In January 2015, Rich Davey was named the Chief Executive Officer of the Boston 2024 Partnership, the organization seeking to bring the Olympics and Paralympic Summer Games to Boston…Prior to working at Boston 2024, Rich served for over a decade in chief executive and senior management roles in several transportation organizations in Massachusetts.

“The Olympics are all about, in Boston, thinking about and planning for our future—not the future being tomorrow’s rush hour, but 9 1/2 years from now, and 10 years from now, and 20 years from now. That’s what infrastructure is about: it’s about investing for the long term, taking the long view.”

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The WalkUP Wake-Up Call: Boston

Friday, March 13th, 2015
Share of Income Property During the Last Three Real Estate Cycles

SMART GROWTH AMERICA

In the Boston metropolitan area, walkable urbanism adds value.On average, all of the product types studied, including office, retail, hotel, rental apartments, and for-sale housing, have higher values per square foot in walkable urban places than in low-density drivable locations.These price premiums of 20 to 134 percent per square foot are strong indicators of pent-up demand for walkable urbanism.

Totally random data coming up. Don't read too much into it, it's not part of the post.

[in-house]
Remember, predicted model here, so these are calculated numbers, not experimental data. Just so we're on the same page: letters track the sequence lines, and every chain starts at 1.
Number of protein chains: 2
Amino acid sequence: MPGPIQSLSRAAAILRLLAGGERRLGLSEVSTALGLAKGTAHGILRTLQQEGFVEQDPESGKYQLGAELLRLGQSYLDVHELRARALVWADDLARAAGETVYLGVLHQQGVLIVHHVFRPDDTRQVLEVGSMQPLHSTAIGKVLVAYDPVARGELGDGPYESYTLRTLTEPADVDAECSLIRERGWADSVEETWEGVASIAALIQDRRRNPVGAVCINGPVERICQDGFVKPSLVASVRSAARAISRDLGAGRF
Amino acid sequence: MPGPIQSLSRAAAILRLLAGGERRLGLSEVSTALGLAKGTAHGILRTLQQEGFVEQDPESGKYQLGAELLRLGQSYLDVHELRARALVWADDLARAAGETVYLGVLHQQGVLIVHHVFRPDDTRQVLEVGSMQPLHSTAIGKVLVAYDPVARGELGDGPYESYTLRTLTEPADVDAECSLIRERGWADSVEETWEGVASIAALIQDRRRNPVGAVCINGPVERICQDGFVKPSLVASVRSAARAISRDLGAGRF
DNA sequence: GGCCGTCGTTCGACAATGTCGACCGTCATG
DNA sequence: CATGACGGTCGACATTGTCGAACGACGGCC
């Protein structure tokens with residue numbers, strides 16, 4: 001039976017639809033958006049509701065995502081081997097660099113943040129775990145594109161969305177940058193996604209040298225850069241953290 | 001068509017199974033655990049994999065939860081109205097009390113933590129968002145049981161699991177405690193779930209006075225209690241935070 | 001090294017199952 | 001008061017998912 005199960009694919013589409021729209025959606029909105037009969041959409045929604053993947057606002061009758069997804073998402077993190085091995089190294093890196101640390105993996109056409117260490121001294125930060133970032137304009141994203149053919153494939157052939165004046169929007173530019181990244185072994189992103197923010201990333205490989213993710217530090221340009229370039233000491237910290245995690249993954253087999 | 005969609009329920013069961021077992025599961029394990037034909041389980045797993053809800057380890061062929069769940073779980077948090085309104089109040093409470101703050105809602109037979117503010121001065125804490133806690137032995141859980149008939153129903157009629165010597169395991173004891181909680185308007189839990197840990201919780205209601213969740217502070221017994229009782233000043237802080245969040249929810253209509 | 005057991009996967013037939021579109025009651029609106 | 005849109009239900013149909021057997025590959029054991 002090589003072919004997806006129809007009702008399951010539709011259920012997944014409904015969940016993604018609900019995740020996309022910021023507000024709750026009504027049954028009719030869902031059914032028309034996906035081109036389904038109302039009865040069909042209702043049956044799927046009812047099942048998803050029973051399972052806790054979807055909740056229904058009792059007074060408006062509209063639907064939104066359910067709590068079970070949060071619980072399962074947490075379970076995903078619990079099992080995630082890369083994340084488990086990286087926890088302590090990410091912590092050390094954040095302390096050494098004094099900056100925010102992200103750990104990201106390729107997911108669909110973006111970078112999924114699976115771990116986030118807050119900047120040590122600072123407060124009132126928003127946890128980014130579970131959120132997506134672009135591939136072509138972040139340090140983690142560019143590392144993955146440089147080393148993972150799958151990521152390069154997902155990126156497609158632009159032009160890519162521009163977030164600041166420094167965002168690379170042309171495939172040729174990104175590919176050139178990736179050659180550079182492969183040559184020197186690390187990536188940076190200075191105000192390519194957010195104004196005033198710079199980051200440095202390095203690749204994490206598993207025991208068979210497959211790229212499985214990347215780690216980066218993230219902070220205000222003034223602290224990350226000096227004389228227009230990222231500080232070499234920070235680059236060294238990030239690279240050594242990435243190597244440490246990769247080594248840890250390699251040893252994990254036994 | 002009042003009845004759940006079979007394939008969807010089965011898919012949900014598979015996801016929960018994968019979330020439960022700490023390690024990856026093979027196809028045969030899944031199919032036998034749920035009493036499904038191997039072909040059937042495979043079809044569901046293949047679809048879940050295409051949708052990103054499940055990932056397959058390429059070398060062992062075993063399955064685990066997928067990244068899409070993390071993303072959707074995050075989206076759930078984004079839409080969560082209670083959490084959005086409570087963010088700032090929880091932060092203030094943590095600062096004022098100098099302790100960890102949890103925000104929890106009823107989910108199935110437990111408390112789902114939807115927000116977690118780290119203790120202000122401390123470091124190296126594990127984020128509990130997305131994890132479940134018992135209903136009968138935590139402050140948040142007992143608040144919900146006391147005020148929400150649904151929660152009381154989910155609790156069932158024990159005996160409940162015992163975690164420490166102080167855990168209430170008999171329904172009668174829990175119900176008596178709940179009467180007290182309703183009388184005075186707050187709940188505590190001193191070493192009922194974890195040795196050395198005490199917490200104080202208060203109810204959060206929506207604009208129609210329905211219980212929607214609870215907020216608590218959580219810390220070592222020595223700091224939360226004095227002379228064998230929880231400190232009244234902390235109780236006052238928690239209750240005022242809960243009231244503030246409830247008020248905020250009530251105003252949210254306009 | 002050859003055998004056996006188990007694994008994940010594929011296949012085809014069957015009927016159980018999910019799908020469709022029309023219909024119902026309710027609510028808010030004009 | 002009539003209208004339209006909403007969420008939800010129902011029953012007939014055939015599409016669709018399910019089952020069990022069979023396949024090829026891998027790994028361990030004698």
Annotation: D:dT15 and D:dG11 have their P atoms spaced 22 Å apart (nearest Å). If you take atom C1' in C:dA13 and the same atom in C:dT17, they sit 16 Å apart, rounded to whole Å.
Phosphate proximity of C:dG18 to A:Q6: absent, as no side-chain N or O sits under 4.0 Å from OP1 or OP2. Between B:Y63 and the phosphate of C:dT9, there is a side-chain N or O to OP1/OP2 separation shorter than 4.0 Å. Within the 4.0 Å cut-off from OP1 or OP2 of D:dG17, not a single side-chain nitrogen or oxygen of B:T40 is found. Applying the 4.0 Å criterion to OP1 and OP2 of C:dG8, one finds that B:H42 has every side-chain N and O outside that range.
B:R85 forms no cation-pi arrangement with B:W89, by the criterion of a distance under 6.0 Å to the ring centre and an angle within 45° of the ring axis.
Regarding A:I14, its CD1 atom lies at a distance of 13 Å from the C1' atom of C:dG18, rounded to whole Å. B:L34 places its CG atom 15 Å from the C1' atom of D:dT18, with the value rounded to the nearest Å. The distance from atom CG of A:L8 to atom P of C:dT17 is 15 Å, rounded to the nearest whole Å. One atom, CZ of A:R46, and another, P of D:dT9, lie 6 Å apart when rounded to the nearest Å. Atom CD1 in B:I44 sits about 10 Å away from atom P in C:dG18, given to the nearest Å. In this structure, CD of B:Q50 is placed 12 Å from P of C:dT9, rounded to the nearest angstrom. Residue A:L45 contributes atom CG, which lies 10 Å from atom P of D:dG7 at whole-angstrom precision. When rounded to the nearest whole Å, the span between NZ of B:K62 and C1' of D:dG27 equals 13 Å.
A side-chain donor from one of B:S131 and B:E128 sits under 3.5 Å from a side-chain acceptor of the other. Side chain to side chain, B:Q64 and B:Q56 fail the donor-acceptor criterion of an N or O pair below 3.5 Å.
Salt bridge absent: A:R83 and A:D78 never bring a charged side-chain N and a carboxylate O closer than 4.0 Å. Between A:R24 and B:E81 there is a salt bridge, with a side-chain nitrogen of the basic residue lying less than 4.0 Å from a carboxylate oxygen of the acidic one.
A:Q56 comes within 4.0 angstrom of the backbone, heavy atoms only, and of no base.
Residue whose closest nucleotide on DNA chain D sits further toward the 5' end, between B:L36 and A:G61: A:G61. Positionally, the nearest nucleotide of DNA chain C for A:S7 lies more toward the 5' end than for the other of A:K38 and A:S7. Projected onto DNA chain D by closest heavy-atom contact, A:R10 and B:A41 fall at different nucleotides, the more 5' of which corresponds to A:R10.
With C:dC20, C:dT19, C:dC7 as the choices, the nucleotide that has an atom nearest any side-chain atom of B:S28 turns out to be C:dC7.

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Boston: Methane Emissions from Natural Gas Infrastructure

Thursday, January 29th, 2015
methane fig1

PROCEEDINGS OF THE NATIONAL ACADEMY OF SCIENCES OF THE UNITED STATES OF AMERICA (PNAS)
Most recent analyses of the environmental impact of natural gas have focused on production, with very sparse information on emissions from distribution and end use. This study quantifies the full seasonal cycle of methane emissions and the fractional contribution of natural gas for the urbanized region centered on Boston. Emissions from natural gas are found to be two to three times larger than predicted by existing inventory methodologies and industry reports. Our findings suggest that natural-gas–consuming regions may be larger sources of methane to the atmosphere than is currently estimated and represent areas of significant resource loss.

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Boston, MA: Tidal Flows and Waste Systems

Monday, December 29th, 2014
Boston, MA: Tidal Flows and Waste Systems

With the separation of Boston’s antiquated Combined Sewage system, the city has paved the way for direct recreation and experience of its greatest asset, Boston harbor. This video proposes a series of elevated and sunken land forms to register the tidal current through the stratified ecologies of the intertidal zone. Within the center of a sloped approach, bowl-like landforms trap the retreating water to create artificial tide pools.

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From Mine to Bridge: Boston’s Steel Infrastructure

Thursday, December 25th, 2014
From Mine to Bridge: Boston’s Steel Infrastructure

Steel is inherent to the Boston waterfront landscape. Transportation infrastructure such as bridges are essential to ease circulation throughout the harbor. These bridges are all made of steel. Where did this steel actually come from? From Mine to Bridge explores the supply chain of steel, from ore mining, to stock piling, manufacturing, and construction.